It's one of the reasons why I've chosen not to pursue grad school at funky, multidisciplinary places (see: Media Lab). I would have fun preaching to the choir, but they're already baptized. To be a missionary, you have to be able to speak the language and be able to gain respect in the culture that you want to change - and this includes appreciating where their values come from so they can, perhaps, someday appreciate your own. And it means actually understanding them first, not having the ulterior motive of changing them (yes, this is contradictory to my earlier statement; they're both true).
I'm also used to living multiple lives at once and knitting them together so that immiscible worlds can emulsify. It's a lot of stress and strain sometimes, and it's high-risk that someday I might not "come back" - but if I really believe in something, I should not just be unafraid to pursue it, I should also be unafraid to pursue something that (seemingly) contradicts it, because if what I believe is actually true and the system is broken, I will have better proof of that, and possibly have brought some folks back with me on the way.
I'm guessing that Nagle's unspoken question went something like this: Why am I assuming that an MBA is the way to learn about organizational behavior?
The best answer I can give right now is that an MBA is one type of way to do that. There are tons of other options. One plus to an MBA (or studying in general): when I can use credentialism to my advantage to destroy credentialism, why not do it?
This may make more sense when I'm better able to explain exactly what I'm trying to do with this (which I haven't really touched on describing here). I'll be asking friends to talk about this when I see them, and to brainstorm options with me... but without a better phrasing of the problem, the above justification for my solution non-exclusion methodology likely sounds fuzzy and doesn't make much sense. This is something I've thought through somewhat, but not well enough yet to say I've thought it through completely.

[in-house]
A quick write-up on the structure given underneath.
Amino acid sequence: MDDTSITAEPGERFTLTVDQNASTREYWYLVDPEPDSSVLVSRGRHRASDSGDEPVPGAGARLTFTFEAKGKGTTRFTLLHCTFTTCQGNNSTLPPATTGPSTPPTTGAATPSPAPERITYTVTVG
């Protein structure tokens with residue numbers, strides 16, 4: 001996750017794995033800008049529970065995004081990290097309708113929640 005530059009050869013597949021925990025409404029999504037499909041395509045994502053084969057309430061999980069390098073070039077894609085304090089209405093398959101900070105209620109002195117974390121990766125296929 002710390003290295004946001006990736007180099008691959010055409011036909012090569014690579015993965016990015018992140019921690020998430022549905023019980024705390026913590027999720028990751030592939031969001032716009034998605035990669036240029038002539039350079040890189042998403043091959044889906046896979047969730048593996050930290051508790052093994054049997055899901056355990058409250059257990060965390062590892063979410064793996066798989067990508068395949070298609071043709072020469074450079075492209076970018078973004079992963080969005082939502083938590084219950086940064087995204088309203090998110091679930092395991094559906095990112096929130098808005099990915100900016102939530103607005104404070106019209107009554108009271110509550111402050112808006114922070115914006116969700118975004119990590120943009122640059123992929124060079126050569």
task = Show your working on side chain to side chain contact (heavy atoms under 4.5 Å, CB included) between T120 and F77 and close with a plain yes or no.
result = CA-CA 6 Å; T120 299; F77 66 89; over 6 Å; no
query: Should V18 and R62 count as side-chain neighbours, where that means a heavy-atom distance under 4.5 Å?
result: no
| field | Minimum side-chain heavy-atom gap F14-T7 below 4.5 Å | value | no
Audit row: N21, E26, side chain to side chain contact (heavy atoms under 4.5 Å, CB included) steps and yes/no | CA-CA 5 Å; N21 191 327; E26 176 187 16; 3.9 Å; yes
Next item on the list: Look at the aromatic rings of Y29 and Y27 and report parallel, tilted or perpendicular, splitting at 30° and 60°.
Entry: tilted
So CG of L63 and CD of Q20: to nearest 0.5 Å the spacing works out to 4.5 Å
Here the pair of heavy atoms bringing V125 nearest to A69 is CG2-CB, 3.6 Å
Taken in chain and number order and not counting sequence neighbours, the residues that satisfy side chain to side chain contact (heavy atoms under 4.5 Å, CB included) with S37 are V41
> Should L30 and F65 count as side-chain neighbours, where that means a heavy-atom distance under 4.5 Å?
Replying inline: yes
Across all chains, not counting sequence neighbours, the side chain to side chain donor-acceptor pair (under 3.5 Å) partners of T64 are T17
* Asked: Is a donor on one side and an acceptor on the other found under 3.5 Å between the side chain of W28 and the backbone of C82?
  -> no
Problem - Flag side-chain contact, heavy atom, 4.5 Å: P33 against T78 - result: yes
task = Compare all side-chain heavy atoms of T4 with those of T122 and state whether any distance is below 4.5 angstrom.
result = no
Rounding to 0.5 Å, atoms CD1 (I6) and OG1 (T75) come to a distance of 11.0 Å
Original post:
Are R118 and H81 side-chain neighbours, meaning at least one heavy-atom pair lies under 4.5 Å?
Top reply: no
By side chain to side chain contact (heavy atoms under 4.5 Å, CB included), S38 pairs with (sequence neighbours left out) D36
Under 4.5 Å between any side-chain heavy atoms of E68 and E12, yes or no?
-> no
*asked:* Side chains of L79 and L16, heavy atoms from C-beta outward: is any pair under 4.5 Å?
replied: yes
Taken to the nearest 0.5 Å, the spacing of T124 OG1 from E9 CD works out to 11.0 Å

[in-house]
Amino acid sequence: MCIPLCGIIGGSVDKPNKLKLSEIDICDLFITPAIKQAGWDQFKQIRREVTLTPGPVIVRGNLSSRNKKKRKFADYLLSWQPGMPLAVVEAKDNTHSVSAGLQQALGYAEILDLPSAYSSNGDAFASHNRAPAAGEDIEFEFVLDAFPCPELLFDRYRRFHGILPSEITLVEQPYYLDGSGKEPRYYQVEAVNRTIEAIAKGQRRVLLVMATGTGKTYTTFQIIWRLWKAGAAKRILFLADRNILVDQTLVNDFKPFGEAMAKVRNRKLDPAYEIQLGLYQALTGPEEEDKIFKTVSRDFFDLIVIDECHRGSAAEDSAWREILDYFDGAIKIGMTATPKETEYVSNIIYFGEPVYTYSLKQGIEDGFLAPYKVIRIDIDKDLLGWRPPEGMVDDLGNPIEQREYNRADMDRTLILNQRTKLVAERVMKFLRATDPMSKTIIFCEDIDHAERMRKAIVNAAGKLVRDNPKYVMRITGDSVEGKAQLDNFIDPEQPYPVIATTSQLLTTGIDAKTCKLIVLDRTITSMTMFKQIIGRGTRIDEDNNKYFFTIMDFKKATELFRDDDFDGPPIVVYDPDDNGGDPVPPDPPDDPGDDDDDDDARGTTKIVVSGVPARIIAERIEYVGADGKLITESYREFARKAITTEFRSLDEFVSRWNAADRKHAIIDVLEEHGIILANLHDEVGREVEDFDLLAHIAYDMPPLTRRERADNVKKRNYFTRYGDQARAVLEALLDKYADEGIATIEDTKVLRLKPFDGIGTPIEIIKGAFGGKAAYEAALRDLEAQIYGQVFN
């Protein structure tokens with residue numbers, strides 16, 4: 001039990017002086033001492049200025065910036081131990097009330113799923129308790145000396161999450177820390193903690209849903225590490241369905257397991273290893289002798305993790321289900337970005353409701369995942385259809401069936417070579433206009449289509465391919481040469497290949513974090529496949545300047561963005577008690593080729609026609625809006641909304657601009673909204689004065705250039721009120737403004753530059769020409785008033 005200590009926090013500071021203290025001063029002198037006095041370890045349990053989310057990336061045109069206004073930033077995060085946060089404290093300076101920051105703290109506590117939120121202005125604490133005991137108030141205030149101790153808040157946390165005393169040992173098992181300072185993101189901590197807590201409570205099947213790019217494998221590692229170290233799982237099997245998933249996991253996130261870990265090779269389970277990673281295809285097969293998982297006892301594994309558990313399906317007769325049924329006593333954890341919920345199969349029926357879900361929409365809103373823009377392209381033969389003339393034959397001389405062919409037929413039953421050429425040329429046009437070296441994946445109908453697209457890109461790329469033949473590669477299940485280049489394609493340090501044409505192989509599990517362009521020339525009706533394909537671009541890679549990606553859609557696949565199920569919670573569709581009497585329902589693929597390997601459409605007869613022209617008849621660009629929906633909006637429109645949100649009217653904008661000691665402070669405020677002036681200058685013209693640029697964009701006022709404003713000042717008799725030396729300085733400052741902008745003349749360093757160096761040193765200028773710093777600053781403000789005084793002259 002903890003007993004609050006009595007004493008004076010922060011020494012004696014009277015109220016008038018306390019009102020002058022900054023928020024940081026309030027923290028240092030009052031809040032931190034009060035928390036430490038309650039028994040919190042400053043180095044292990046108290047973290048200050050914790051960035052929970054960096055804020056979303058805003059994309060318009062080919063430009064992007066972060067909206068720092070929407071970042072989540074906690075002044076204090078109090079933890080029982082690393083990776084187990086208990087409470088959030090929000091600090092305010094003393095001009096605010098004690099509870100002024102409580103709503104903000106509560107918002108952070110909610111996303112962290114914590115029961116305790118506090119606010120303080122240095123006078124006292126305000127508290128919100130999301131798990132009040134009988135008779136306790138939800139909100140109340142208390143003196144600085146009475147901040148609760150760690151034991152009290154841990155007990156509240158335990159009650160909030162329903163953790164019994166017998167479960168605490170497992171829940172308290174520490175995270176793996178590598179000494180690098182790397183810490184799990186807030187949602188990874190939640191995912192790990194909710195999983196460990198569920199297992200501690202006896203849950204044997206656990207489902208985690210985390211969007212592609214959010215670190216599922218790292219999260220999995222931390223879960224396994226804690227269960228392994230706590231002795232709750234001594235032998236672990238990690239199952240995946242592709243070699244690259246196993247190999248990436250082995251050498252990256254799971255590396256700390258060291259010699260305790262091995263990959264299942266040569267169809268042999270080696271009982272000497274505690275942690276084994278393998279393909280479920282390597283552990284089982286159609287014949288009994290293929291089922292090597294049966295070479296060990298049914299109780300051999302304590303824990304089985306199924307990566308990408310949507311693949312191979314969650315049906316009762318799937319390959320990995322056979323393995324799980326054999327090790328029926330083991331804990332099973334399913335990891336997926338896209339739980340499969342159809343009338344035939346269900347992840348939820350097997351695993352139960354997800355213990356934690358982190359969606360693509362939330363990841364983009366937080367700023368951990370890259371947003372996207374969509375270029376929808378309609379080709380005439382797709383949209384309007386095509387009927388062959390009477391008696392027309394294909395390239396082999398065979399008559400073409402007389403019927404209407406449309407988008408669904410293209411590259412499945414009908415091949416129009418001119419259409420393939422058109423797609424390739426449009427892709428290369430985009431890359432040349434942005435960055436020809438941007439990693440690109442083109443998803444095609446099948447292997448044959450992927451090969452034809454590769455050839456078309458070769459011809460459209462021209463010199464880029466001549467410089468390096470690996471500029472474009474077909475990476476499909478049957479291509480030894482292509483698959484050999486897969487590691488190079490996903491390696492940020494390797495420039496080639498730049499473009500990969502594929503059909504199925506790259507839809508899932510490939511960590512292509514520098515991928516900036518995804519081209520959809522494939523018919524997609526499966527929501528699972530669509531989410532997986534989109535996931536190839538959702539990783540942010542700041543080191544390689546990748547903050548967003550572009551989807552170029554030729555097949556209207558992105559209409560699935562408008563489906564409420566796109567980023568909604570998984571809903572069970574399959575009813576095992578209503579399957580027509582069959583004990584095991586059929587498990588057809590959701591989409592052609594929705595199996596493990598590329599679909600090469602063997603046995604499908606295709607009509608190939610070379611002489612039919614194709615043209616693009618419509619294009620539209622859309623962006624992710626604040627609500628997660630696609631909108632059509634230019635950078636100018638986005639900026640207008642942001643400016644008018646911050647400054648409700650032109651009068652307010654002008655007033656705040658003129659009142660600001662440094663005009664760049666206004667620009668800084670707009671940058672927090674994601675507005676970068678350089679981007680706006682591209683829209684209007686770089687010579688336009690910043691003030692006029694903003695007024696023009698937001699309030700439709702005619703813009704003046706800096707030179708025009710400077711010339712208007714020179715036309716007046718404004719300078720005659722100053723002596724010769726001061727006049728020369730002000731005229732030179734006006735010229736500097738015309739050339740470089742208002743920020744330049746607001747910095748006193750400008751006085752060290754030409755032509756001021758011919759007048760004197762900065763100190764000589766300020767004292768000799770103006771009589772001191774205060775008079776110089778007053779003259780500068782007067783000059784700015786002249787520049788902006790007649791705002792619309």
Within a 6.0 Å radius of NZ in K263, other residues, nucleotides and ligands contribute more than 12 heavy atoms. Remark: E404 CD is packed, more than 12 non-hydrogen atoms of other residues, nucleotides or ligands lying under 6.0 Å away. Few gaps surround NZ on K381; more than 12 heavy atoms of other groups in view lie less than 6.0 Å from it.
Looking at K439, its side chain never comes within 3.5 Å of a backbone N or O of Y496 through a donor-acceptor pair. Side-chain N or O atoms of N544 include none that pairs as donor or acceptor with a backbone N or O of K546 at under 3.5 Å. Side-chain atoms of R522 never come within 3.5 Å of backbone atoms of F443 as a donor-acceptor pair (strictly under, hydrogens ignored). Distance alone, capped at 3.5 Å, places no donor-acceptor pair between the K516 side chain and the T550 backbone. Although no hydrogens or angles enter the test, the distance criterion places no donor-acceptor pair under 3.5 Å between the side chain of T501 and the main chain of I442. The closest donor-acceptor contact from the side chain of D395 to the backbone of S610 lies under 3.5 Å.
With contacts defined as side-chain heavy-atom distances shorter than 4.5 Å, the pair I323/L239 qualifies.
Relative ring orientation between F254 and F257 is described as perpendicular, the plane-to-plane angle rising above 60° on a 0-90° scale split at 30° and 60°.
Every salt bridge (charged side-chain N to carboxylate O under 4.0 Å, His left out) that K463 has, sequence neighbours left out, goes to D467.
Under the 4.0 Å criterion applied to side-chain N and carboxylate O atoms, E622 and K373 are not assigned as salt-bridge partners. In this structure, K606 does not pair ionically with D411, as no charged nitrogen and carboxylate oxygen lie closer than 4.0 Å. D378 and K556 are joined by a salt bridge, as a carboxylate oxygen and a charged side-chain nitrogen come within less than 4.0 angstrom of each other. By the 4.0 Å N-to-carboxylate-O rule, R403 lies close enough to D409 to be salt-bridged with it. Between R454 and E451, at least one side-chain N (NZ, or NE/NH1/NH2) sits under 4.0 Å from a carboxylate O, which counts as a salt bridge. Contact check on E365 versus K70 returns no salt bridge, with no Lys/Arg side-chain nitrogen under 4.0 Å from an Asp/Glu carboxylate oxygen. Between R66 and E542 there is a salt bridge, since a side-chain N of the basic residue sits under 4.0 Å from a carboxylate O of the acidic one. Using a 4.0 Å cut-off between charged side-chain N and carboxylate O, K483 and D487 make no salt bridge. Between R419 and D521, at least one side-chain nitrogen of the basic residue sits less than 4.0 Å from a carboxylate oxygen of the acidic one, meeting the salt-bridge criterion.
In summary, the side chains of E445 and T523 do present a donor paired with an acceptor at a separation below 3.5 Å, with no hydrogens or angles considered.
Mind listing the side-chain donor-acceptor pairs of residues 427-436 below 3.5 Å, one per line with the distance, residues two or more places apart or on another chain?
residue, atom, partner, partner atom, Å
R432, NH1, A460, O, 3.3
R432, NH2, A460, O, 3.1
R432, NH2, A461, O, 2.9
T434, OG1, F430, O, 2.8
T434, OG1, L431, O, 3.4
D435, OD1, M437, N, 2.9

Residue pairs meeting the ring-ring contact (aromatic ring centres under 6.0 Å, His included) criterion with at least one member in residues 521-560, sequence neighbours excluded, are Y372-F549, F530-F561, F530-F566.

In one sense, I'm overthinking this problem.
"But why shouldn't we learn what we want, and teach one another whatever we want to learn?" --Nikki, on student-run courses
In another sense, I'm struggling to translate something that I already do (teach and learn, drawing from many options, including but not limited to credentialed ones) into a very foreign tongue. It's like when I first started listening to jazz; it actually feels painful for me to think this way, for me to read books or hear people talk this way. Cognitive dissonance galore. The faster I immerse and learn to cope with that, though...
In other news, Sumana went to a keysigning! I have yet to go to one; I've missed two big ones due to travel schedules. Tomorrow is my last day in Chicago; Tuesday I fly back to Boston and continue the whirlwind of scheduling which will settle down on May 23rd once Olin's commencement is over and I'm happily settled into pika for the summer.
My posture is also much improved after this weekend. More on this at some point in the future.